copyright © 2006
Chris Whitehouse, Cornwall, UK
updated: 14 February 2017
Chris Whitehouse
Your Hidden Helper, Chris Whitehouse

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Your Hidden Helper: Meet Chris

I am Chris Whitehouse, native British, now enjoying a quieter and more sedentary lifestyle in the sun–kissed southwest of England.

Long term postings have taken me to Kenya, Turkey, Singapore, Thailand, Zambia, Nepal and most recently Bhutan. Shorter–term assignments and consultancies have seen me work in Papua New Guinea, Sri Lanka, Mongolia, and Maldives. I have a Bachelor's degree in Psychology and Philosophy, and a Master's in Development Studies. All told, I have more than 20 years experience working overseas, of which over 8 years were with UNDP's United Nations Volunteers (UNV) programme.

Through my work, I became well conversant with the mechanics of programme management and monitoring, and became particularly interested in results–based logical frameworks and the challenges faced by those involved in devising the logframes. My work also enabled me to deepen my understanding in a range of fields, from governance to HIV/AIDS, from poverty to microhydro. I learnt about needs and rights, about early childhood learning, about organic farming, about web development, about community mobilisation, about youth crime, about appropriate technology, about refugee management... the list is endless. It seemed that every day I would learn something new about something different!

I have always loved writing, whether articles, press releases, discussion papers, or more academic papers, such as the one I presented at the international conference held in Bhutan on Gross National Happiness. I have edited newsletters in Thailand, Zambia, Nepal, and Bhutan, and contributed articles to others.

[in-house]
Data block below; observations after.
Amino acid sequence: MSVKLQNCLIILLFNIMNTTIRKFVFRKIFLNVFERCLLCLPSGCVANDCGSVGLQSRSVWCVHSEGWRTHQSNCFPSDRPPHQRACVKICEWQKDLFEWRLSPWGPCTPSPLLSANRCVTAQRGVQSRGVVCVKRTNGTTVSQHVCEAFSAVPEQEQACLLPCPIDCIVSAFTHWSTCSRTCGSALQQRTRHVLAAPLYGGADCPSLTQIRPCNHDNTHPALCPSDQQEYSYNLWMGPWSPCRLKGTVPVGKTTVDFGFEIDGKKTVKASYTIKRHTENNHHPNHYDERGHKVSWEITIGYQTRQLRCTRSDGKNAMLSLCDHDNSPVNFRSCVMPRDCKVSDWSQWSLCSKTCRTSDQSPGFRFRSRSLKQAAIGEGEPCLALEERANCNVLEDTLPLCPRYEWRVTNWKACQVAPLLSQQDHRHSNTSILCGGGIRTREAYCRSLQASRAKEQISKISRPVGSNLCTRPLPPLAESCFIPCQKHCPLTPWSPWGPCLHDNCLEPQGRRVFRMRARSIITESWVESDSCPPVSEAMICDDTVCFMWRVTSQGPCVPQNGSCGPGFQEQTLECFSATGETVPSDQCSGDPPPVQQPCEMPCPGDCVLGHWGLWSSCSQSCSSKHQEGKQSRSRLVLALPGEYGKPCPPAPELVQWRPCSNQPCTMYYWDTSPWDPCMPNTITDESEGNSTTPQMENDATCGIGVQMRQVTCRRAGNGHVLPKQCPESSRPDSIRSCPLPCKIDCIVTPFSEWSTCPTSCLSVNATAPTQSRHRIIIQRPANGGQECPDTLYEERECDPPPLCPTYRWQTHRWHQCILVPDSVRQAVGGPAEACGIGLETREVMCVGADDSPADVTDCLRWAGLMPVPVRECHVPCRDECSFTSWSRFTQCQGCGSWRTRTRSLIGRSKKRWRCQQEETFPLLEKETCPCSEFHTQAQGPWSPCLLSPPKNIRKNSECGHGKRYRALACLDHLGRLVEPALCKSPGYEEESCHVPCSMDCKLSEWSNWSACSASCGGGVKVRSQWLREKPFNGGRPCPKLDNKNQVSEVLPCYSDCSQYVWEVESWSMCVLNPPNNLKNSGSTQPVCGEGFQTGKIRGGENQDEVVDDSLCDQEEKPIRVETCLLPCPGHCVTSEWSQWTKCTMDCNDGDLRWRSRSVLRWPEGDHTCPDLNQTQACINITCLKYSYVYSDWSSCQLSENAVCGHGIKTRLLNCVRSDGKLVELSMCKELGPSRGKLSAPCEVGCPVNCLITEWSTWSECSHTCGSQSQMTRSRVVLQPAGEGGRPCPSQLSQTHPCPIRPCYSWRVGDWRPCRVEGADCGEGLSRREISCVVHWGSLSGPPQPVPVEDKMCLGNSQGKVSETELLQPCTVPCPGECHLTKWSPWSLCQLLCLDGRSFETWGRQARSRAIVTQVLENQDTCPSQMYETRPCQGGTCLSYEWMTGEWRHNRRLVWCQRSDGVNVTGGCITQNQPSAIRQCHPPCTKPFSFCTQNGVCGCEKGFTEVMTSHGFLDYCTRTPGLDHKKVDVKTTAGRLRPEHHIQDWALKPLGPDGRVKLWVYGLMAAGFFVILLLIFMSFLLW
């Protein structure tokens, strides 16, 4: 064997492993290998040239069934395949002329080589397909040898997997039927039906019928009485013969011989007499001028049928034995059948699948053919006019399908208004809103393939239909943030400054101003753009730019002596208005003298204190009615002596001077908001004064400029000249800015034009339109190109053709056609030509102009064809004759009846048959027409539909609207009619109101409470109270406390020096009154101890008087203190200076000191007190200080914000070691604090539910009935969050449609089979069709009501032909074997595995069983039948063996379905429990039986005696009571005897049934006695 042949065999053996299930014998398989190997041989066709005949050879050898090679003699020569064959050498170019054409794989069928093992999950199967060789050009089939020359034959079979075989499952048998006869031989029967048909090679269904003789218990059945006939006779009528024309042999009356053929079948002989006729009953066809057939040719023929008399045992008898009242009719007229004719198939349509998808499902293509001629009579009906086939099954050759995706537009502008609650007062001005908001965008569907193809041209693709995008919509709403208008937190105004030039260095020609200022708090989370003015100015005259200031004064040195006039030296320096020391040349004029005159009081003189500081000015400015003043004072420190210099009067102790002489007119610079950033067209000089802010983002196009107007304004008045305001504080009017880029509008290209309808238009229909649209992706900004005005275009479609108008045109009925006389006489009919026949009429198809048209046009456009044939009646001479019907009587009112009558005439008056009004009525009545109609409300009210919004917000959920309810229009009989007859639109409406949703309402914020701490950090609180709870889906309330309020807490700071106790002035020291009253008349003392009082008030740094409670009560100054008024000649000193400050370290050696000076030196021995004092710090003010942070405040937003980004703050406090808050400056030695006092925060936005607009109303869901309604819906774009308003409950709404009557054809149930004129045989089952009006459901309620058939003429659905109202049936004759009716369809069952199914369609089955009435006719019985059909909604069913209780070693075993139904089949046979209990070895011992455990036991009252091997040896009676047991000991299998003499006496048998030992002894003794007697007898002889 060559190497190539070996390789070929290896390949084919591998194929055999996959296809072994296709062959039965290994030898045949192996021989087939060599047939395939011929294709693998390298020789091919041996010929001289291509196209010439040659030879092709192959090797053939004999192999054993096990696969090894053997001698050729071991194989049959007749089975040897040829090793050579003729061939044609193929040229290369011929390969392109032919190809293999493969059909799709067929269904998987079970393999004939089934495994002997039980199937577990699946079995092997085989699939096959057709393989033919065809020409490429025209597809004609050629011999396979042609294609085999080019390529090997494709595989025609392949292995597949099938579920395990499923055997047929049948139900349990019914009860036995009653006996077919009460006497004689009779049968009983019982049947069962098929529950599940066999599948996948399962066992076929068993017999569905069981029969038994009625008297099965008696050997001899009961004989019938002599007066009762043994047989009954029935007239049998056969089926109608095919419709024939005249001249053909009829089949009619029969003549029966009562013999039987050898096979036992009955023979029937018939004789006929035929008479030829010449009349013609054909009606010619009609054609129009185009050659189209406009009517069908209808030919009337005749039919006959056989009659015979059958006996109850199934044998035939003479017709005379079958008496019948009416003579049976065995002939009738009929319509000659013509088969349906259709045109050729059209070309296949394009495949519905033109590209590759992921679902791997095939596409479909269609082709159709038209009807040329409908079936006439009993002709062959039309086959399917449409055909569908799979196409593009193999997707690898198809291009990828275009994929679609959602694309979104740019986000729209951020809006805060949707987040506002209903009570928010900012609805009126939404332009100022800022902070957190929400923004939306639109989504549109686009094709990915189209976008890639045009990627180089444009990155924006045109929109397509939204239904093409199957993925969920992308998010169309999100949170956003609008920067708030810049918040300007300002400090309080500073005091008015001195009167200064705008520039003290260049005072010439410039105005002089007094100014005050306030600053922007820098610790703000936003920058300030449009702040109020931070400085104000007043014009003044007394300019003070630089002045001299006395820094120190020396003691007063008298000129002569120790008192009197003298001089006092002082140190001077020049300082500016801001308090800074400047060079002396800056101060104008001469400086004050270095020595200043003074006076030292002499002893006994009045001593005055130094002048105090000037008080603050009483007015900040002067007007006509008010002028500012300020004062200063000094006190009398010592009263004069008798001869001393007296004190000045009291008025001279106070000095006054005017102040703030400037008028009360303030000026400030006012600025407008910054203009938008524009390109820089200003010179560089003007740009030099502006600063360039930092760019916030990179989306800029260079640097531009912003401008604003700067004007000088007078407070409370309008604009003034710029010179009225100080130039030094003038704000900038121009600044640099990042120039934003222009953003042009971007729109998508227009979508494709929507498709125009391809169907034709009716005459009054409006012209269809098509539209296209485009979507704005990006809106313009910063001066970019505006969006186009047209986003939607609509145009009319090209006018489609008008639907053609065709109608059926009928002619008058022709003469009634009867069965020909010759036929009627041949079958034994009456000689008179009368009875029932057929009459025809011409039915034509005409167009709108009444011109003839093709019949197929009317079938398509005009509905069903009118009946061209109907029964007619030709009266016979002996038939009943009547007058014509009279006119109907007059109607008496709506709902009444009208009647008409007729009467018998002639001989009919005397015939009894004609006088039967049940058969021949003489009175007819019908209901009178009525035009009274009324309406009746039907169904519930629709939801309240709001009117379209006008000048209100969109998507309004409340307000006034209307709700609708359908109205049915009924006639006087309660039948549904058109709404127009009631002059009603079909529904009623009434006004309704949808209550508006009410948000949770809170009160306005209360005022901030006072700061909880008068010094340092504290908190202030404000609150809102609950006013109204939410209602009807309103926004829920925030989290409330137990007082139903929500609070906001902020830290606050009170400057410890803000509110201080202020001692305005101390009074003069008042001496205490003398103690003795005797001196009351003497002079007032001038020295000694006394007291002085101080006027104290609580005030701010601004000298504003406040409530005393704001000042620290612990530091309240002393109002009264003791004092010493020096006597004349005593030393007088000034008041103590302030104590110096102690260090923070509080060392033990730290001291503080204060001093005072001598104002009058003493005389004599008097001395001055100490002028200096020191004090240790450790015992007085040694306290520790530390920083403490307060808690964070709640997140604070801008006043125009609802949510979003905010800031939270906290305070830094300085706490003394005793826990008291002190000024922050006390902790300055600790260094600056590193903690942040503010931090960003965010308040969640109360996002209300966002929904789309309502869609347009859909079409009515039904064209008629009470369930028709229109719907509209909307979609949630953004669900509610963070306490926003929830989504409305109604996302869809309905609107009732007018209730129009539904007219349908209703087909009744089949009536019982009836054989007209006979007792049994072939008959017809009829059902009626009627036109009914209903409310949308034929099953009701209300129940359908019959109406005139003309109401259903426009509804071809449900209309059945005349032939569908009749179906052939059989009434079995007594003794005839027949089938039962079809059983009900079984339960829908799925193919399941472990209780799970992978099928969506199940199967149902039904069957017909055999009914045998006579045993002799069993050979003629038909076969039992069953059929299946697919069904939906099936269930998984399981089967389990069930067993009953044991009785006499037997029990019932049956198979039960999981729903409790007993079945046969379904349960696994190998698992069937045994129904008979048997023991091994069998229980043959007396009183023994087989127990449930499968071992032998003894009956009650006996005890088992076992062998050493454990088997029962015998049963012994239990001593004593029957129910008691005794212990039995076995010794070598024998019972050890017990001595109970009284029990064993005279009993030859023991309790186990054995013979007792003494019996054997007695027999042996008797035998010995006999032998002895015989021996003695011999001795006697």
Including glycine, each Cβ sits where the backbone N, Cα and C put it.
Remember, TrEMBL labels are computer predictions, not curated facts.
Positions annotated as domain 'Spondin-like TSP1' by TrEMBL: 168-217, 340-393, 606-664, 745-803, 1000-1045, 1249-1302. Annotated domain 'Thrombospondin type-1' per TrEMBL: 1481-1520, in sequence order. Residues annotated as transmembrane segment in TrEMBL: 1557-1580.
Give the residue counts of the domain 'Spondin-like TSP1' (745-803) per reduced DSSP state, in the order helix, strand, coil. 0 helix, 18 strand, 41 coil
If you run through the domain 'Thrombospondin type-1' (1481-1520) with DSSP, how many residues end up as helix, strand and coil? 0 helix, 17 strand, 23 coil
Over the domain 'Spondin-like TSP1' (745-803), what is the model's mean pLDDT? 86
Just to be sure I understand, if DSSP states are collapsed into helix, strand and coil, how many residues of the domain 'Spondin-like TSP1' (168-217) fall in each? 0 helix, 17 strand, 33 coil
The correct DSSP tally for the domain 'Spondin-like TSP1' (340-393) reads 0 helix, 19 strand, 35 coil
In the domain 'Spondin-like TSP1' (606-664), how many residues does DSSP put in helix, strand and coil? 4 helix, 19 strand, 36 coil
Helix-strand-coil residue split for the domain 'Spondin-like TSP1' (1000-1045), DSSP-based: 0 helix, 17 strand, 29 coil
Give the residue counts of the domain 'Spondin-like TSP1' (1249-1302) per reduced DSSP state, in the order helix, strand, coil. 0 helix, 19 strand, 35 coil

I feel it is important to question how we do things, even if (or perhaps particularly if) we have done them this way for a long time. My latest article questions a long-established principle of development: that any good project or programme should aim for a single objective. The paper, TVs and Tomatoes, draws on real-life examples to argue in favour of multiple-objective projects.

The dissertation I wrote for my Master's, subsequently published as an Occasional Paper by the University of Bath, sought to assess the extent to which human rights were inherently universal, or were universalisable. Subsequent (unpublished) papers have included a challenge on the meaning of volunteerism, and a plea for evaluations to be evaluated. There was more than a ripple of discussions in the Monitoring and Evaluation community following my challenge to the use of indicators in results–based management, in my paper entitled The Ants and the Cockroach, with the response from colleague Dr. Thomas Winderl, both of which were selected for inclusion in a book of selected articles, edited by S. Cummings, entitled Why did the Chicken Cross the Road?.

Now settled back in my native England, I continue to be interested in, and to be healthily sceptical of, the wonderful world of aid and development. The idea of offering support to development professionals through this website emerged from the recognition that many working in the field are 'doers' more than 'writers'. In particular, the much maligned consultant often faces enormous difficulty meeting clients' sky–high expectations within extraordinarily optimistic deadlines.

It is hard to believe it is already more than ten years since I launched miniAID, back in October 2006. Many organisations and individuals have already benefited from the services I provide, and more will no doubt join as the word continues to spread. Let me hope you will be one of them.

See more of Chris's publications.

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